How to Use the Paroli Roulette StrategyThe Paroli system is the reversed twin method of the Martingale strategy. Unlike the Martingale method characterized by progressive bets on losses, Paroli uses a positive progression stake system. Paroli is another strategy that more cautious players prefer using. It helps maximize winnings without cleaning your bankroll in one go. We looked at how Martingale worked previously, so let’s dive into the other side of the coin.
The Paroli System in Roulette Games
This method was introduced in the 20th century and directly contrast methods like d’Alembert and Martingale, which chases losses. In this strategy, you only double your bet when you win, which is the meaning of positive progression staking.
Further, when using this strategy, the goal is to win three times in a row before you start again with the original bet. Like this, the system ensures you don’t make too high stakes that risk damaging your bankroll.
However, this strategy isn’t suited for long-term play, as the probability of winning is usually lower than you expect, and it’s not focused on big wins but on minimized losses. Check out the below table to get an idea of how this system works on roulette spins.
Using the Paroli System
You use this system when making even bets, like outside bets on the roulette wheel. As such, it’s best to bet on odds/even, black/red, or 1-18/19-36 when using Paroli wagering. That’s because these bets have a 50% chance of winning and the payout is 1:1.
It’s best to start with a lower bet or make the original stake an amount you can comfortably keep betting and doubling without straining your bankroll. You keep the original wager until you land a win, after which you double the amount. If you lose the bet or land three wins in a row, then you revert the stake to the original amount and start over.
The vital aspect of this system is your chances of landing three wins in a row. We consider the probability of a European roulette wheel. With an even money bet, you bet on 18 numbers out of 37 numbers, as you need to consider the green zero pocket. That makes your win probability 48.6%. The likelihood of winning three times in a row is 11.5% or one in 8.86 times you spin.
The Paroli System Pros and Cons
While the Paroli system has fewer risks, that doesn’t mean there are no drawbacks at all.
• Easy to understand and use
• Cautious approach and fewer risks
• Table limits don’t matter
• It doesn’t require a large bankroll
• No sudden loss in bankroll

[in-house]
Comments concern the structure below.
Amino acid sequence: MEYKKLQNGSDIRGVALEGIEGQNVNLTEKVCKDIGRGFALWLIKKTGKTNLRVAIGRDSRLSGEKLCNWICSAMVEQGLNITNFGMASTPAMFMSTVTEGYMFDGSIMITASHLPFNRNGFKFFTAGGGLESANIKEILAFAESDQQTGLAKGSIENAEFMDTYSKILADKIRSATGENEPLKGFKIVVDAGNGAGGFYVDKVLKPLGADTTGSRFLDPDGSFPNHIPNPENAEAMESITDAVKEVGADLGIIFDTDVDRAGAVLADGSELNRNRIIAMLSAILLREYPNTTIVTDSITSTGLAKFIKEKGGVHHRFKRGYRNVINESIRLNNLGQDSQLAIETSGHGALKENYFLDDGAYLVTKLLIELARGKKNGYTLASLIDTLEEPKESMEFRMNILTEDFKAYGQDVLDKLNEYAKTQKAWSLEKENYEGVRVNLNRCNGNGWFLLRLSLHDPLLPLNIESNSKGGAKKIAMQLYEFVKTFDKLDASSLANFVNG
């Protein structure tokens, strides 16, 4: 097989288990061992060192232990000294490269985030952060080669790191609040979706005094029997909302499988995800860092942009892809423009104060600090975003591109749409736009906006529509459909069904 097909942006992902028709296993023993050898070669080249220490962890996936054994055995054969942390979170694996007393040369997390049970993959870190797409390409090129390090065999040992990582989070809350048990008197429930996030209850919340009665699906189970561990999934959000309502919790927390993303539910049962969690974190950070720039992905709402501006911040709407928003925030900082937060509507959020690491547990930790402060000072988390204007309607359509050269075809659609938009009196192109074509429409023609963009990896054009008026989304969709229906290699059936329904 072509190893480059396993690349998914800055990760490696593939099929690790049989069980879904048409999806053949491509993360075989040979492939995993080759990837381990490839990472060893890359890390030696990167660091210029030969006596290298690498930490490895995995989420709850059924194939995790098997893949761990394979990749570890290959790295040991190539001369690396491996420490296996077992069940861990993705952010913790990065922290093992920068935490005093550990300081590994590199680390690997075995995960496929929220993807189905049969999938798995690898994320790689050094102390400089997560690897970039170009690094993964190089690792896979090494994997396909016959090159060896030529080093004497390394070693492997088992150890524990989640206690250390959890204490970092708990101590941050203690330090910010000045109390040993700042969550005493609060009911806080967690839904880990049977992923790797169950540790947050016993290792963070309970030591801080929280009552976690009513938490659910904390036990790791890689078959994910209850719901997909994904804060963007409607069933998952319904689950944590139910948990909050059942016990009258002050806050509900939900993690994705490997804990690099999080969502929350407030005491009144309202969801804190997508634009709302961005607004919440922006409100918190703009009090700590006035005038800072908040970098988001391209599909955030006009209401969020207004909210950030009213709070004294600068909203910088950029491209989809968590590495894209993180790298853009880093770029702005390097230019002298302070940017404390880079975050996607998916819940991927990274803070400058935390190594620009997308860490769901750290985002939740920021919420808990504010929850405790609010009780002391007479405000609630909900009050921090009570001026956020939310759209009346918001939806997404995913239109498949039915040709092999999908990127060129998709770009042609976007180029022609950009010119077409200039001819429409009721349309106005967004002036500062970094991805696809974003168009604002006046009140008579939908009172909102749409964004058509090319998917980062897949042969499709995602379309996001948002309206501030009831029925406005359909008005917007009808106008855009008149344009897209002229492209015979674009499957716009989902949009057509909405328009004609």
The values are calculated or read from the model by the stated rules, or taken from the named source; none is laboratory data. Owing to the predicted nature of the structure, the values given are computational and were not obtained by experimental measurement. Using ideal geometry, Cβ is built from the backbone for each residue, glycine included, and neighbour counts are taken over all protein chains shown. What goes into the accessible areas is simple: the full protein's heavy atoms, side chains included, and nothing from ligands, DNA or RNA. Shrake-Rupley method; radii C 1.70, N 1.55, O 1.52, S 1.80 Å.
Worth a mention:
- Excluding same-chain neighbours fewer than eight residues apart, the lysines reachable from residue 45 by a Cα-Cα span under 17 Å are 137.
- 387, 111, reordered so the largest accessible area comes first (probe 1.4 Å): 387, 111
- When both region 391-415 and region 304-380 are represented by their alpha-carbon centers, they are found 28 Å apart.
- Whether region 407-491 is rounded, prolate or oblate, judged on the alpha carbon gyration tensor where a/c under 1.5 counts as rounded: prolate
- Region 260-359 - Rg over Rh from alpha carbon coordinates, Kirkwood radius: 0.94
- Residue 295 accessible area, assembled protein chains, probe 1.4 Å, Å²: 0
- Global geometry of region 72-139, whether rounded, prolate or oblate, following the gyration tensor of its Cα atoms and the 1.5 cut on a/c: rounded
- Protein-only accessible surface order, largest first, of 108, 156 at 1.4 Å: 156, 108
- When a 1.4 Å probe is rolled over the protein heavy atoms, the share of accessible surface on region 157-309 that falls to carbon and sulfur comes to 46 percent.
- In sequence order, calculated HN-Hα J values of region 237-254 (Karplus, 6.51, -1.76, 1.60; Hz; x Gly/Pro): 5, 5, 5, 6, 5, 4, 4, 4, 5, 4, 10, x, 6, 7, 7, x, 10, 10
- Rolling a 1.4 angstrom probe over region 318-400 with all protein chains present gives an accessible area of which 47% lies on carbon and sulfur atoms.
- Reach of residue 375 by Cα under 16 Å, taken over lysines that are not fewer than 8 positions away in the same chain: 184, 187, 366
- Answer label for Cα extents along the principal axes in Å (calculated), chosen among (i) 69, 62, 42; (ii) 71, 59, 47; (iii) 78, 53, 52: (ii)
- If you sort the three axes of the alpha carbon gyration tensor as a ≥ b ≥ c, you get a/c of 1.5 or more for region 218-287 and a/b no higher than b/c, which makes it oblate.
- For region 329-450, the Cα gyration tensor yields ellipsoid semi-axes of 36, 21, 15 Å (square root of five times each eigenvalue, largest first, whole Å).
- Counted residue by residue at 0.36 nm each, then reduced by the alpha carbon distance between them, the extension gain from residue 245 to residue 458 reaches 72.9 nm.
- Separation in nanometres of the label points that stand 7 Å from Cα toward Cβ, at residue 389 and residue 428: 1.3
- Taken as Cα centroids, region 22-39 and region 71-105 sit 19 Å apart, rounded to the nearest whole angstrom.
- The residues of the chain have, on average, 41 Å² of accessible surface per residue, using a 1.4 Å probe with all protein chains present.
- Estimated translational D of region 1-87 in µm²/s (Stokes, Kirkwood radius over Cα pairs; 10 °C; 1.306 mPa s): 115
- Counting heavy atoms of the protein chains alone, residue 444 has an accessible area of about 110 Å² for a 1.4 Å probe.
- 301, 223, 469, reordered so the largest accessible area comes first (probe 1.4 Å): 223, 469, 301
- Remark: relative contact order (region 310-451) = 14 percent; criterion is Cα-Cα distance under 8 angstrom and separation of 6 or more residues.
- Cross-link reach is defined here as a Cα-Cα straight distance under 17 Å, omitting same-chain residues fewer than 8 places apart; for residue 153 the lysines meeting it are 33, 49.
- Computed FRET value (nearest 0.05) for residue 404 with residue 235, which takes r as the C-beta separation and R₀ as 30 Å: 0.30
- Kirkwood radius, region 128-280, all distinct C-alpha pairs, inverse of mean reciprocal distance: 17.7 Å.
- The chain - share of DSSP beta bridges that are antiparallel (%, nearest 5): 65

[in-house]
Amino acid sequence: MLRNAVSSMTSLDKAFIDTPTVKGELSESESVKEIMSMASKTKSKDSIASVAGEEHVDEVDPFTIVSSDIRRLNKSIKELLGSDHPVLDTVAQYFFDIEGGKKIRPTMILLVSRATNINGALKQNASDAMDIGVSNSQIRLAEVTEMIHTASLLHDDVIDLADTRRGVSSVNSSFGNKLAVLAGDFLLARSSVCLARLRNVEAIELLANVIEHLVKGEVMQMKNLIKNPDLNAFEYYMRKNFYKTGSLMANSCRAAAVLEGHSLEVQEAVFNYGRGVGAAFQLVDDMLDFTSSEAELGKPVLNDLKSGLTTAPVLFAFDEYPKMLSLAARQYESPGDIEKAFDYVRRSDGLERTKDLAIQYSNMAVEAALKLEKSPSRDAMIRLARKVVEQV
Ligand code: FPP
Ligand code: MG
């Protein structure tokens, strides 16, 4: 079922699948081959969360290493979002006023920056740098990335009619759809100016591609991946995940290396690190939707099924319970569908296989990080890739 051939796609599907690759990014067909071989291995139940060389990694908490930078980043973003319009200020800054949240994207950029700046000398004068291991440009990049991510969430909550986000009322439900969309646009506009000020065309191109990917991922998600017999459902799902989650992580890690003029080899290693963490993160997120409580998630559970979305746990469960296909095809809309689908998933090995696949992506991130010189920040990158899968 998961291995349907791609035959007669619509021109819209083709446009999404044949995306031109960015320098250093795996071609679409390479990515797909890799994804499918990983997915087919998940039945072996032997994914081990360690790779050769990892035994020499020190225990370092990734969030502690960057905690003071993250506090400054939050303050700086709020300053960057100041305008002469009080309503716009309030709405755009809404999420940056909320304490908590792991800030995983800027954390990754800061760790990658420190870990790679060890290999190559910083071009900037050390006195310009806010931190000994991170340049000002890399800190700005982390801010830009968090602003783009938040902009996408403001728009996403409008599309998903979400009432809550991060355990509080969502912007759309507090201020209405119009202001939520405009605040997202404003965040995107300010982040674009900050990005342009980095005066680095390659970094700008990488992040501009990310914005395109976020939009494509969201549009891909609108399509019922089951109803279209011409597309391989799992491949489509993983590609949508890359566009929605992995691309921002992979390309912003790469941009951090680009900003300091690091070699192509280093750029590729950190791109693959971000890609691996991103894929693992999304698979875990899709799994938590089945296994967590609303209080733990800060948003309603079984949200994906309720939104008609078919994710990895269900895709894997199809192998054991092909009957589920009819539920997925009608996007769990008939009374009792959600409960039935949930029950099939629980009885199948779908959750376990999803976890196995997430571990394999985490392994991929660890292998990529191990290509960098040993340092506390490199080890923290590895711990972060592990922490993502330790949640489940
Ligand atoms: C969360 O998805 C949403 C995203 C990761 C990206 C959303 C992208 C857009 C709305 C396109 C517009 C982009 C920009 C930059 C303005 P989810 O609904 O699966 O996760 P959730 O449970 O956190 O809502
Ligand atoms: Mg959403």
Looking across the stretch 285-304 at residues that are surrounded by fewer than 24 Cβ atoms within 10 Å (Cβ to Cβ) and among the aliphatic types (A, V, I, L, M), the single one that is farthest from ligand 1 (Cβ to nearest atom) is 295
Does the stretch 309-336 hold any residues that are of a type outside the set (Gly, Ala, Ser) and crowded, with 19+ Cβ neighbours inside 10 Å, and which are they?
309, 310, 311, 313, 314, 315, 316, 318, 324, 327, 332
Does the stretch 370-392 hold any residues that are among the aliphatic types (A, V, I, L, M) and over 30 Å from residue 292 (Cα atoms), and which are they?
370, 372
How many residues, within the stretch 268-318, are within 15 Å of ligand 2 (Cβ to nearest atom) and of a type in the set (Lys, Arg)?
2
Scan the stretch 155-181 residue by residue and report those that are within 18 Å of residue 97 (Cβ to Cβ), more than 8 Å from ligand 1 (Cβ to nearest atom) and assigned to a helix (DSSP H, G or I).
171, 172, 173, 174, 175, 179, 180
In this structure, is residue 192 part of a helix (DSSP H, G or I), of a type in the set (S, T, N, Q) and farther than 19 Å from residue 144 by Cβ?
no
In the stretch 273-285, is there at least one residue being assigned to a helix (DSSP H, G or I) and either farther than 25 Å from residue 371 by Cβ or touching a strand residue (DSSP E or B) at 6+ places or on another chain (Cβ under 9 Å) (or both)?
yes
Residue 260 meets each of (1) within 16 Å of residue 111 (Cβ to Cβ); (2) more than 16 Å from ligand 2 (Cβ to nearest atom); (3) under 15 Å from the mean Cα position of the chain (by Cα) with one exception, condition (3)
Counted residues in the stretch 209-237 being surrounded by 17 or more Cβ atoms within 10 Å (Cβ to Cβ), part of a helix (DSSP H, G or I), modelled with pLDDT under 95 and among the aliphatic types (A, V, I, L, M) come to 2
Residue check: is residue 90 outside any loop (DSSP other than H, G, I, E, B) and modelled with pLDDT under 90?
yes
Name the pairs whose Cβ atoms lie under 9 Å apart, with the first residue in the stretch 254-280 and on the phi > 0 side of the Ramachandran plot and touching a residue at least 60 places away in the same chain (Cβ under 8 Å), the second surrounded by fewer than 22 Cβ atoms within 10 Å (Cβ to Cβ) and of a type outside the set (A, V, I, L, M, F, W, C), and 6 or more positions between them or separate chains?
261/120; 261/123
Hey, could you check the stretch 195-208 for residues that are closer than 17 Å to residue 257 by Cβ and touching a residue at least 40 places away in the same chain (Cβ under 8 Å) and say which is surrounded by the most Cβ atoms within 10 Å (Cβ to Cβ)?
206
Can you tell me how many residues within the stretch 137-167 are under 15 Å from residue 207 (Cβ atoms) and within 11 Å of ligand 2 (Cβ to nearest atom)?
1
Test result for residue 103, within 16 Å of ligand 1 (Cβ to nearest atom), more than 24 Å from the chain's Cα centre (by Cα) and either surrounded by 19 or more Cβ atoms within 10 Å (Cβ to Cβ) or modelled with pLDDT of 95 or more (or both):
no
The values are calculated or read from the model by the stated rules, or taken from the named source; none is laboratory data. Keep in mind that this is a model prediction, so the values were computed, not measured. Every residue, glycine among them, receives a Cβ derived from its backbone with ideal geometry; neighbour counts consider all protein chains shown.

• This strategy wastes some wins
• Losses add up slowly
• Can result in small wins
The Opposite of the Paroli System
Opposite the Paroli system stands the Martingale system. Unlike Paroli, you double your stake each time you lose and reset it to the original amount when you win. The concept is that you win back your losses when you eventually win. However, this system carries the risk of an extensive losing streak and depleting your bankroll much faster than usual.
You also often win small amounts compared to how long you’ve been betting and need a large bankroll to sustain the strategy. Overall, this method is much riskier to use and requires a specific type of player with a substantial bankroll to succeed in this method. However, this isn’t an excellent strategy for the long term, as your probability of winning big is low.
Paroli vs. Martingale: Which is the Best?
It’s challenging to compare these two methods, as they’re suited to different styles of playing. For players who love risks or have a significant bankroll, we recommend the Martingale strategy, as you have a better chance of successfully using it. However, always remain aware of the risks associated with this system, like extended losing streaks, significant losses, and low wins.
For players who prefer a more stable route, the Paroli system is better. You only maximize your wins, and you can keep your losses to the minimum. By landing three wins in a row, you’ll find you can get the occasional big win and won’t break your bankroll using it. However, it’s not devoid of flaws, and you can expect your losses to build up over time, which is why we don’t recommend it for long-term play.